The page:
• Clause 20 The system of any one of clauses 18-19, wherein the cart further comprises three or more wheels mounted on the platform for contact with the ground.
  • Clause 21 The system of any one of clauses 1-20, further comprising means for rotating the vessel about its axis.
  • Clause 22 The system of clause 21 , wherein the means for rotating the vessel about its axis is a motor connected to the vessel by a shaft or is a motorized roller.
  • Clause 23 The system of any one of clauses 1-22, further comprising a safety enclosure in which the vessel is contained, wherein the enclosure serves as a physical barrier between the vessel and outside environment.
  • Clause 24 The system of clause 23, wherein the safety enclosure comprises a floor, and wherein at least a portion of the floor comprises the platform of a cart positioned under the vessel to support its weight.
  • Clause 26 The system of any one of clauses 23-25, wherein the safety enclosure is fitted with one or more fans configured to withdraw gas from the enclosure and thereby provide negative pressure within the enclosure.
  • Clause 27 The system of clause 26, wherein the one or more fans are mounted to a container that comprises catalyst media to scrub withdrawn gas of ozone.
  • Clause 28 The system of any one of clause 23-27, wherein the safety enclosure comprises a wall having a passage through which the vessel in the enclosure can engage with a motor outside the enclosure.
  • Clause 29 The system of any one of clauses 1-28, further comprising an oxygen concentrator, in fluid communication with the ozone generator, configured to concentrate oxygen from ambient air.
  • Clause 30 The system of any one of clause 1-29, further comprising a system microcontroller, a graphical user interface, or both.
  • Clause 31 The system of any one of clauses 23-30, further comprising a utility cabinet mounted to the safety enclosure.
  • Clause 32 The system of clause 31 , wherein the utility cabinet comprises the ozone generator, an oxygen concentrator, means for rotating the vessel, a system microcontroller, a graphical user interface, or any combination thereof.
  • Clause 33 The system of any one of clauses 1 -32, which further comprises harvested plant material disposed in the interior volume of the vessel.
  • Clause 34 The system of clause 33, wherein the harvested plant material comprises at least a portion of a cannabis plant.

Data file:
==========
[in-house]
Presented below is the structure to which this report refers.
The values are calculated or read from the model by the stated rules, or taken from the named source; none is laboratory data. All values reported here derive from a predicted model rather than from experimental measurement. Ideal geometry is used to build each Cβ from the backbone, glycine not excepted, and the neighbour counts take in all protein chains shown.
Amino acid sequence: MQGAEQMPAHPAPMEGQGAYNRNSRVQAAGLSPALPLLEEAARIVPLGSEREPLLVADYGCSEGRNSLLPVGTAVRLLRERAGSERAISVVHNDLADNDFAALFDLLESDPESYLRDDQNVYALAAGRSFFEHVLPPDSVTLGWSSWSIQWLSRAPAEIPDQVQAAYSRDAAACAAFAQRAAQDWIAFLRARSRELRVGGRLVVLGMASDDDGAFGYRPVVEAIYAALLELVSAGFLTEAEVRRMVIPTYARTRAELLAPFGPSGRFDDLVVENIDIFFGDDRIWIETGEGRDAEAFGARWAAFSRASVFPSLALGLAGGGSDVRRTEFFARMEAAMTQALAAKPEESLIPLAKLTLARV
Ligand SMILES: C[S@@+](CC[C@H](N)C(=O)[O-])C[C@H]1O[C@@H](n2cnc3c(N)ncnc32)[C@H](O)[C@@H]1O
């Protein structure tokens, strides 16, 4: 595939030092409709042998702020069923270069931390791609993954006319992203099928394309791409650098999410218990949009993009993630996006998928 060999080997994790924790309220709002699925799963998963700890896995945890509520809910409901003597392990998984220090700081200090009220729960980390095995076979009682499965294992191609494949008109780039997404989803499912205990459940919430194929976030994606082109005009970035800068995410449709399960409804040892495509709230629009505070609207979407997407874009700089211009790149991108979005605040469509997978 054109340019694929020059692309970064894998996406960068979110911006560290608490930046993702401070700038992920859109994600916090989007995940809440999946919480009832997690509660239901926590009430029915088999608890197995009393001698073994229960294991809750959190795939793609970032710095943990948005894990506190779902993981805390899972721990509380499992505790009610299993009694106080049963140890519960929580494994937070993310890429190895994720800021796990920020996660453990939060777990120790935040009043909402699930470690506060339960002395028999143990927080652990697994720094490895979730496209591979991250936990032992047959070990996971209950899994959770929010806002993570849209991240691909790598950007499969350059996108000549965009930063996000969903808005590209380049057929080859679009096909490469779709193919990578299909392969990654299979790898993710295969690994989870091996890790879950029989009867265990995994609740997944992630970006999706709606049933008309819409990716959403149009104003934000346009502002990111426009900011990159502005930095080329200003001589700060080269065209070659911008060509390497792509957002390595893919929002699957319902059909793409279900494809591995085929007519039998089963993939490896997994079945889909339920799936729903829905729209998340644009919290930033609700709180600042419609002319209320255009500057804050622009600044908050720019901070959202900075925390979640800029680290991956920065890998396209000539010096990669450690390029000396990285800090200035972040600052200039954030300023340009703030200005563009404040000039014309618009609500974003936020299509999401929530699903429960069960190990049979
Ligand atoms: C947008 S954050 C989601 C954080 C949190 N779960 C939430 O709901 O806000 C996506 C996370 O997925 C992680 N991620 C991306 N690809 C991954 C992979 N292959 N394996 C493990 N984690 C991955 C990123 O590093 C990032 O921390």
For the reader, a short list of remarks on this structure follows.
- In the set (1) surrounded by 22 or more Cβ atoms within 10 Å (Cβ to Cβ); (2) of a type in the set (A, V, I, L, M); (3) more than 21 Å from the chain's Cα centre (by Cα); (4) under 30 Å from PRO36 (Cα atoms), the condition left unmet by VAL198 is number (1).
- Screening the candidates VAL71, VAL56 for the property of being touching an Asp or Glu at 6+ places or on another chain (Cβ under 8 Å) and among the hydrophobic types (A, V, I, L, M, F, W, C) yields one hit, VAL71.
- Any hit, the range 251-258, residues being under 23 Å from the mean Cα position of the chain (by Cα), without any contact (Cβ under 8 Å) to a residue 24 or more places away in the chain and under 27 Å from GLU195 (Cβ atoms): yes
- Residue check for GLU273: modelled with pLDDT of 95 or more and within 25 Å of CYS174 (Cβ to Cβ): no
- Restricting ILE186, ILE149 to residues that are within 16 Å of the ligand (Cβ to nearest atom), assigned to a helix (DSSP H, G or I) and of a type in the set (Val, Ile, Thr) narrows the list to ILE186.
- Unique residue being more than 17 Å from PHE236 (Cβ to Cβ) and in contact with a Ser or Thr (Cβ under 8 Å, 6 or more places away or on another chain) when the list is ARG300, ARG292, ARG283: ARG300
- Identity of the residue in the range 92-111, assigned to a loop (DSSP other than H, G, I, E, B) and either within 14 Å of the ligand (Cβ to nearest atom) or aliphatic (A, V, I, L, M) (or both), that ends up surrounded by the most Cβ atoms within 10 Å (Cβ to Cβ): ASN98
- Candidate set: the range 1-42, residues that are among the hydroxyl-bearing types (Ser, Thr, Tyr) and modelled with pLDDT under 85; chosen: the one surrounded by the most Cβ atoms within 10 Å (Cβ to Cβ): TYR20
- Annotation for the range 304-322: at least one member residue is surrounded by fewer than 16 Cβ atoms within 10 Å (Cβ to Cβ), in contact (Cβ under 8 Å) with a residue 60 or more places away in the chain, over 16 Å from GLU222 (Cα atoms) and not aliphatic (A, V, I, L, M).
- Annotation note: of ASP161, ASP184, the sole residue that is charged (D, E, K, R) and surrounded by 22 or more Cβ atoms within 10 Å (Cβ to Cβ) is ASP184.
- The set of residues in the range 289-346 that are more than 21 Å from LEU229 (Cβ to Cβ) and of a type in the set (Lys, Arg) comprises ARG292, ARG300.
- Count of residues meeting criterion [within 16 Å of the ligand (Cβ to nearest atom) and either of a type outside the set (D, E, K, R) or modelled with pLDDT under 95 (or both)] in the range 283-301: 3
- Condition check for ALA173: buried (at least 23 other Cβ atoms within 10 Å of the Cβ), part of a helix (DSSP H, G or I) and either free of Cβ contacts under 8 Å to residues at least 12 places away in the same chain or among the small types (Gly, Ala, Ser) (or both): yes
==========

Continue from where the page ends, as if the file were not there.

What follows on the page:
• Clause 35 The system of any one of clauses 1 -34, which further comprises ozone at a concentration of 50 ppm to 1000 ppm within the interior volume of the vessel, at the inlet of the vessel, at the outlet of the vessel, upstream of the vessel, downstream of the vessel, or at two or more of these locations in the system.
  • Clause 36 The system of any one of clauses 1-35, wherein the vessel is rotating about an axis.
  • Clause 37 The system of any one of clauses 1 -36, further comprising: one or more processors; and a memory coupled to the one or more processors, the memory storing instructions that when executed by the one or more processors cause the one or more processors to: determine a concentration of ozone at a location in the system; adjust the concentration of ozone at the location in the system to a preset concentration in the range of 50 ppm to 1000 ppm; monitor the concentration of ozone at the location in the system and automatically adjust the monitored concentration to the preset concentration for a time of from 1 minute to 48 hours; and rotate the vessel or set the vessel to a static position.
  • Clause 38 A method for treating harvested plant material, which comprises tumbling the harvested plant material within a rotating vessel while exposing the material to ozone.
  • a method for treating harvested plant material which comprises: placing harvested plant material in the vessel of a system of any one of clauses 1-37; generating ozone with the ozone generator; providing ozone to the vessel from the ozone generator; and rotating the vessel to tumble the harvested plant material in the presence of the ozone.